This beautiful small bird looks like a finch and has a red bill, red eyes, and a bright green body. The males are slightly brighter in color than the females, and the young ones appear brown. If you spot one of these birds, consider yourself lucky. They are very rare and only appear locally in the dry scrub regions of central and northwestern India. The declining population has to do with the fact that they are often trapped and used as popular caged birds.
The Nicobar Scrubfowl is a very interesting-looking bird that forages on the ground in the coastal forests of the Nicobar Islands. Because of its location on these small islands, it’s vulnerable to extinction, and the populations were significantly reduced after the 2004 tsunami that hit the area. It has a larger dark brown body with a smaller head with red coloring.
Black and Orange Flycatcher
This bird’s distinct black and orange coloring makes it a unique and beautiful specimen. You’ll find it in the high-elevation areas of the Western Ghats, Nilgiris, and Palnis in the southern part of the country. In addition to catching flies, it also forages for food in the dense undergrowth of the ground. You find them alone or in pairs in areas above 1500 meters.
This bird is endemic to the Western Ghats of Tamil Nadu in India. It’s a small bird that spends most of its life on the ground, living in the cool grasslands. This Pipit distinguishes itself from other types of pipits by its rich brown color and prominent facial markings. They build their nests in the marshy grounds of this area. They’ll fly into a low bush or tree nearby when disturbed.
Other notable birds
Although not endemic to India, depending on where your trip takes you in the country, you may also spot some of these exciting species of birds.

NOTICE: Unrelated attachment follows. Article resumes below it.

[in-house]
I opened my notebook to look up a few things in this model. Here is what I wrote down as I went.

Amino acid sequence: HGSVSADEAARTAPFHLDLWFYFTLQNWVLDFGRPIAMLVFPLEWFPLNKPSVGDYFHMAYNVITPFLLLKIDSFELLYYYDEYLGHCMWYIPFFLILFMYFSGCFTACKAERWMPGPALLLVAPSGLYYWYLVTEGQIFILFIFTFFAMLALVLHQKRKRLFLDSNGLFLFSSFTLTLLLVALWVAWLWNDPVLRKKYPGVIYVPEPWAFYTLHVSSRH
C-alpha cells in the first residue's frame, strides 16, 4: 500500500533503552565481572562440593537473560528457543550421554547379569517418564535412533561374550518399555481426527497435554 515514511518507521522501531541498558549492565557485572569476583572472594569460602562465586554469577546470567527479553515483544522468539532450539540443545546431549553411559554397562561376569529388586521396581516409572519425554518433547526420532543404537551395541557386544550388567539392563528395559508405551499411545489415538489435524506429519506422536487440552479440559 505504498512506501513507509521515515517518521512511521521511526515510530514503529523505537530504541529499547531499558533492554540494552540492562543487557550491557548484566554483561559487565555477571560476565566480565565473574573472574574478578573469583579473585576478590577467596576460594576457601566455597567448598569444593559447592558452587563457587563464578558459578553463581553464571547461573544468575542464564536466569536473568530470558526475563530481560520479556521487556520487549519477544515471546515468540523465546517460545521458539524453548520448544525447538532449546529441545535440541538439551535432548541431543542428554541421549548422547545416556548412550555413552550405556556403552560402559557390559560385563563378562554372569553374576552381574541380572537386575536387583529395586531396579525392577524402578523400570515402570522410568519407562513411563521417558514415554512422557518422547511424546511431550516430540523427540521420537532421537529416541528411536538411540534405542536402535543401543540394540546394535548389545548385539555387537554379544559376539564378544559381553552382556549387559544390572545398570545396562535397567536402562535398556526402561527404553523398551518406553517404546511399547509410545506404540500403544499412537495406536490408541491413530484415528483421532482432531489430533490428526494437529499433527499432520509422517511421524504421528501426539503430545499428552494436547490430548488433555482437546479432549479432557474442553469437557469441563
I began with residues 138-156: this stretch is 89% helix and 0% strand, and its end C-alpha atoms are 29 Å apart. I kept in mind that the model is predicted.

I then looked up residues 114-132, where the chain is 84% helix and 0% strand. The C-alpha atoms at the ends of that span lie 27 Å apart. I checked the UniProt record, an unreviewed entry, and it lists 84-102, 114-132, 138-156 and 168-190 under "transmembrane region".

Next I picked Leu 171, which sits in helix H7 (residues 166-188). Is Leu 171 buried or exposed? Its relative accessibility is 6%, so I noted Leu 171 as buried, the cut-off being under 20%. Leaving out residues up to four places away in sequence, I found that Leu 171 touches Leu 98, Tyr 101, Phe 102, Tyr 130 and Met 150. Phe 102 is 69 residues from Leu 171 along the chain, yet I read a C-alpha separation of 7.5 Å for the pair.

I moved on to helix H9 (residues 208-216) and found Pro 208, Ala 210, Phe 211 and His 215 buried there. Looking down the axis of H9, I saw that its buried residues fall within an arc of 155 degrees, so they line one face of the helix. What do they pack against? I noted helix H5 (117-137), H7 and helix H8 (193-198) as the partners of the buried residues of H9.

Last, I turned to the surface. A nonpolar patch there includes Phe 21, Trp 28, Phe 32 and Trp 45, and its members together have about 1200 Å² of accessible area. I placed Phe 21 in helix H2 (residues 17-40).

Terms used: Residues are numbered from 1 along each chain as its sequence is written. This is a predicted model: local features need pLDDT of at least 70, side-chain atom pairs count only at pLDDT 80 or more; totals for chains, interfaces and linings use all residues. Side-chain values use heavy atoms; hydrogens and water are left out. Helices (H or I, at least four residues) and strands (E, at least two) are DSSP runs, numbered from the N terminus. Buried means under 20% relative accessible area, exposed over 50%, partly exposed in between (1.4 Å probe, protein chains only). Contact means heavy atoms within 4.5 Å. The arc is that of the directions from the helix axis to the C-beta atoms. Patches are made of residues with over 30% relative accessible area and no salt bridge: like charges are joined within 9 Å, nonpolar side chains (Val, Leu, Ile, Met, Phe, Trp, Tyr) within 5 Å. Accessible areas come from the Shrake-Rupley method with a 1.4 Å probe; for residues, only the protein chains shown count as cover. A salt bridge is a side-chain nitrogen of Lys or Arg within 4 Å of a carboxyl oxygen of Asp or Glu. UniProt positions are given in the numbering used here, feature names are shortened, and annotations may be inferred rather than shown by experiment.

The Sarus Crane is remarkable, as it is the tallest flying bird in the world. It reaches a height of 152-156 cm and has a wingspan of 240 cm. You’ll note them not only by their size but also by their light grey color and red-colored heads. They construct their nests on the water in natural wetlands. If this bird is on your list to spot, the best place to locate it is in the Keoladeo Ghana National Park.
These large wading birds live in the wetlands of the plains in the tropical parts of Asia. They are considered “painted” because of their pink flight features that help them stand out from other birds. Their bright orange face and beak are also distinctive, and they typically fly with their head and neck almost below the belly level. In India, you’ll find them in the Bhigwan Bird Sanctuary in Maharashtra.
The Pond Heron is the most common species of heron that you’ll find in India. You’ll see them around ponds and lakes and in urban areas as they’ve adapted to live near people. They’re plentiful in these areas and appear white in flight due to their white wing underparts and tail. They tend to move seasonally and are solitary birds, although you’ll occasionally find them in more significant numbers if it’s an area with a lot of food. Look for them in the Ranganathittu Bird Sanctuary.
This widely distributed tree Kingfisher is quite a large bird and about 35 cm in length. If the area is wooded, you’ll find it in habitats near lakes, rivers, or the coast. Its bill is huge for its size and bright red, making it easy to recognize. It’s also very noisy, making a low call every few seconds, along with a cackling sound. It’s a pretty bird, and the green color on its back is quite striking.
How to make the most of your India birdwatching trip
Since India is so large, you’ll want to concentrate on specific areas during your trip to make the most of seeing as many birds as possible. However, you will likely see some incredible species wherever you travel.
It’s always a good idea to book a guided tour whenever possible to maximize the number of birds you see and correctly identify them. If you’re touring without a guide, make sure to bring a good guidebook with you, like the “Naturalist’s Guide to The Birds of India.”
Although you’ll see great birds no matter what time of year you travel to India, the best months to birdwatch are the winter months of October to March. The weather is best during these months, and they’re also when you see the most migratory species.
India has many diverse bird species and opportunities for excellent birdwatching no matter where you go in the country. If you’re planning a trip now or in the future, remember to bring your binoculars and enjoy all the natural beauty India offers. Not only is it a birdwatcher’s paradise, but a place to see many different natural wonders that you won’t experience elsewhere.